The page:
Shamiso Philomina Zinzombe, Erasmus University Rotterdam
On 22 September 2015, the International Development Law Organisation, Global Health Law Groningen and the Economic, Social and Cultural Rights Working Group of the Netherlands School of Human Rights Research held an expert meeting on ‘Human rights-based approaches and domestic legal responses to NCDs: lessons learned‘.
Text adopted from the website of the International Development Law Organization (IDLO).
More than twenty international law and global health experts have adopted a consensus statement on responses to non-communicable diseases (NCDs) at the end of an expert meeting in The Hague on 22 September 2015. The IDLO-hosted event was examining human rights-based approaches and domestic legal responses to NCDs. Participants reviewed how international human rights law could contribute to the global response to NCDs, and discussed whether new sources of legal obligation were needed. The focus was on obesity, diabetes and unhealthy diets, but the conclusions contain lessons for all NCDs.
Equitable access to medicines to treat non-communicable diseases (NCDs), such as cancer and diabetes, is a major public health challenge in need of a global response. In August 2015, GHLG submitted comments to the WHO’s consultation on its discussion paper Essential medicines and basic health technologies for non-communicable diseases: towards a set of actions to improve equitable access in Member States. Our response presents key findings to date as strategies on legal approaches to promote access to essential medicines, including those for NCDs, such as:
The rational selection of medicines as a legal requirement: A national essential medicines list is a valuable tool to promote the rational use of medicines while also achieving the greatest public health impact for the least cost. Creating a legal obligation in domestic law to maintain an EML may be an effective way of giving effect to States’ core obligation to provide essential medicines defined by the WHO and to support access in the national context. GHLG provided model legal text identified in our pilot study of 14 countries in our Essential Laws for Medicines Access project.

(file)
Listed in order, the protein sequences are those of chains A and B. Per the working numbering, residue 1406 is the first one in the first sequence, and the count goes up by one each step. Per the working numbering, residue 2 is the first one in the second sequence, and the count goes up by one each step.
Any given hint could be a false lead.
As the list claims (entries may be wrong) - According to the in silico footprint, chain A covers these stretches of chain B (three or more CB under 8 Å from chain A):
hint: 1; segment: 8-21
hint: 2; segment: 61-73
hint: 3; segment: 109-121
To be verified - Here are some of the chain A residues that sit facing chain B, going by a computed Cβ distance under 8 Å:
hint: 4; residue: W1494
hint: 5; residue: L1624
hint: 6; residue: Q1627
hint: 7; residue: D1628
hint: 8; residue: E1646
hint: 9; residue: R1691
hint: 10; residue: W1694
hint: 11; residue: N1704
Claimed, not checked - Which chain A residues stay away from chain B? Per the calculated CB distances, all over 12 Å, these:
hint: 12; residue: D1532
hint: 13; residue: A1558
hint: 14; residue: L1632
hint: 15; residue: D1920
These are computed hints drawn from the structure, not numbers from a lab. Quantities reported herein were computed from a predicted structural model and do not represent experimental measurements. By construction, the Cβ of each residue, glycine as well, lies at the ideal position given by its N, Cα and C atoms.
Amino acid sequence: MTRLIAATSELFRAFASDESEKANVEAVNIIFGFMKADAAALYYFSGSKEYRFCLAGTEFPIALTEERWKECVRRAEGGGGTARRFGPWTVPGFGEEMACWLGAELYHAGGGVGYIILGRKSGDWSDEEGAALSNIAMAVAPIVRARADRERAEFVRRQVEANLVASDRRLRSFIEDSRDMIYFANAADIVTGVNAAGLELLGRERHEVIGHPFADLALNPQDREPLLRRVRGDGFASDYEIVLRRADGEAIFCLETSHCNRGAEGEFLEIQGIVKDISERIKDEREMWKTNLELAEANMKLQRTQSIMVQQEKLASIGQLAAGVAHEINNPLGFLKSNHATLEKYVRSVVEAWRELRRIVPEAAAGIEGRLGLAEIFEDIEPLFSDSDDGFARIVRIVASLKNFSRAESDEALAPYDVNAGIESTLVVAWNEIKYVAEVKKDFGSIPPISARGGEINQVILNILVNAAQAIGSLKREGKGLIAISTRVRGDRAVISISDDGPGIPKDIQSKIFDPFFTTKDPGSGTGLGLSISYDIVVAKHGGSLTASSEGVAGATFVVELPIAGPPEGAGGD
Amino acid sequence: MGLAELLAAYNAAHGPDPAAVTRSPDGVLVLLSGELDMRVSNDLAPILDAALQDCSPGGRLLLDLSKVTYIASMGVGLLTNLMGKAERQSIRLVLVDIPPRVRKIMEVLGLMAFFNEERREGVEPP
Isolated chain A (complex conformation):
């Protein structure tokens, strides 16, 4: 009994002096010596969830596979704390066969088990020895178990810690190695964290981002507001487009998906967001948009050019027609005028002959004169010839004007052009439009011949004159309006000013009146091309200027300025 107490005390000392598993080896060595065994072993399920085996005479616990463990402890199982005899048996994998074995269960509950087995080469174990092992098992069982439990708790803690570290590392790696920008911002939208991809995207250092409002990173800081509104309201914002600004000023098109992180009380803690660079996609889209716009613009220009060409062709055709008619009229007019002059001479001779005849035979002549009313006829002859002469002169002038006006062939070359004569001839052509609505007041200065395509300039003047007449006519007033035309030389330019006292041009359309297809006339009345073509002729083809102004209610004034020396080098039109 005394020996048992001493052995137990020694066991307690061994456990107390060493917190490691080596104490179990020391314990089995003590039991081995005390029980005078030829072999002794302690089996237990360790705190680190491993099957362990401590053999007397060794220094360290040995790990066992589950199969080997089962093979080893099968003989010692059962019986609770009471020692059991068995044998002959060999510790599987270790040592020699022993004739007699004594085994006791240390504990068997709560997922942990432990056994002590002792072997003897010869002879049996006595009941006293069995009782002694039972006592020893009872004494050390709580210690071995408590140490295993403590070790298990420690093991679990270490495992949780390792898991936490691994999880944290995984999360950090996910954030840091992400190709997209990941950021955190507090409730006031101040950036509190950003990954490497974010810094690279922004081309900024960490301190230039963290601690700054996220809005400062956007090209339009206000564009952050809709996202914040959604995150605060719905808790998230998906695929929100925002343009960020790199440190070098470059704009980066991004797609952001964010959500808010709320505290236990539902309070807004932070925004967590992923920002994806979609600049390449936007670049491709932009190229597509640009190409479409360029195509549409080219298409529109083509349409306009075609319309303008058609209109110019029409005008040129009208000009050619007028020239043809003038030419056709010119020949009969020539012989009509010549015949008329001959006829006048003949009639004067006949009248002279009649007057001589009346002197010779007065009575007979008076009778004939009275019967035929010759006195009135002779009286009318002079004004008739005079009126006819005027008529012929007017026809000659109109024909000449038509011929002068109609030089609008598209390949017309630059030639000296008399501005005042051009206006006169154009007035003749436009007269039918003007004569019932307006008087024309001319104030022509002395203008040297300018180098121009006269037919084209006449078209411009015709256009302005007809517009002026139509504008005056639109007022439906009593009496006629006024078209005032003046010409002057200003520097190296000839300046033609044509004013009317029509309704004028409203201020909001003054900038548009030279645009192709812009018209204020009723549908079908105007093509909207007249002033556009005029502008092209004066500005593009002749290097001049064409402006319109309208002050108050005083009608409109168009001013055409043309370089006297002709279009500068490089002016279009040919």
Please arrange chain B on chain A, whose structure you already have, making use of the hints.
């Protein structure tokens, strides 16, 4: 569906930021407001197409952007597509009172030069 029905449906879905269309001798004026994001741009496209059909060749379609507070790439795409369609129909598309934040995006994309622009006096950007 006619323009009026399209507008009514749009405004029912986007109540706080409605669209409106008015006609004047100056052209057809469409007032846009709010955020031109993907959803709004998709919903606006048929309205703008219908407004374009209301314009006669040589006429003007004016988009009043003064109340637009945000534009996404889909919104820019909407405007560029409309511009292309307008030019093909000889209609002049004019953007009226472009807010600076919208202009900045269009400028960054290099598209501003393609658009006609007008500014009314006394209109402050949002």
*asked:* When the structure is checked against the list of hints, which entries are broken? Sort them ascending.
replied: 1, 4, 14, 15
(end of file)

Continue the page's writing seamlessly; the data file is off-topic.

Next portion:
Reliable health & supply systems for access to essential pain treatment: In many low- and middle-income countries, the availability and accessibility of opioid analgesics, often used to treat pain, conform human rights law could conflict with international drug control standards, whereas the quality and cultural appropriateness of medicines could conflict with international standardisation guidelines. There is a certain degree of urgency in low- and middle-income countries that increasingly suffer from the threat of NCDs, and where curative care is often unavailable, leaving palliative treatment, which heavily relies on the use of opioid analgesics, as the only viable therapeutic option. GHLG drew on its research of approaches taken at the national level.
Constitutional commitments to essential medicines to enhance advocacy efforts: A guarantee of access to essential medicines in national constitutions may create a supportive environment for advocacy efforts by creating a rights-based framework to guide the implementation of policy and programmes. In some countries, constitutional health rights are also enforceable before domestic courts. Results from GHLG’s global survey of constitutional language for access to medicines from our project Constitutional Health Commitments.
Next steps: Legal & policy responses to NCDs in 2016 GHLG Summer School
Besides our response to the WHO’s consultation, GHLG continues to follow the development of legal and policy responses to NCDs. We’ll tackle access to medicines for NCDs, and the link between NCDs and the regulation of tobacco and food in our July 2016 summer school NCDs & the law: A human rights response to the global health crisis.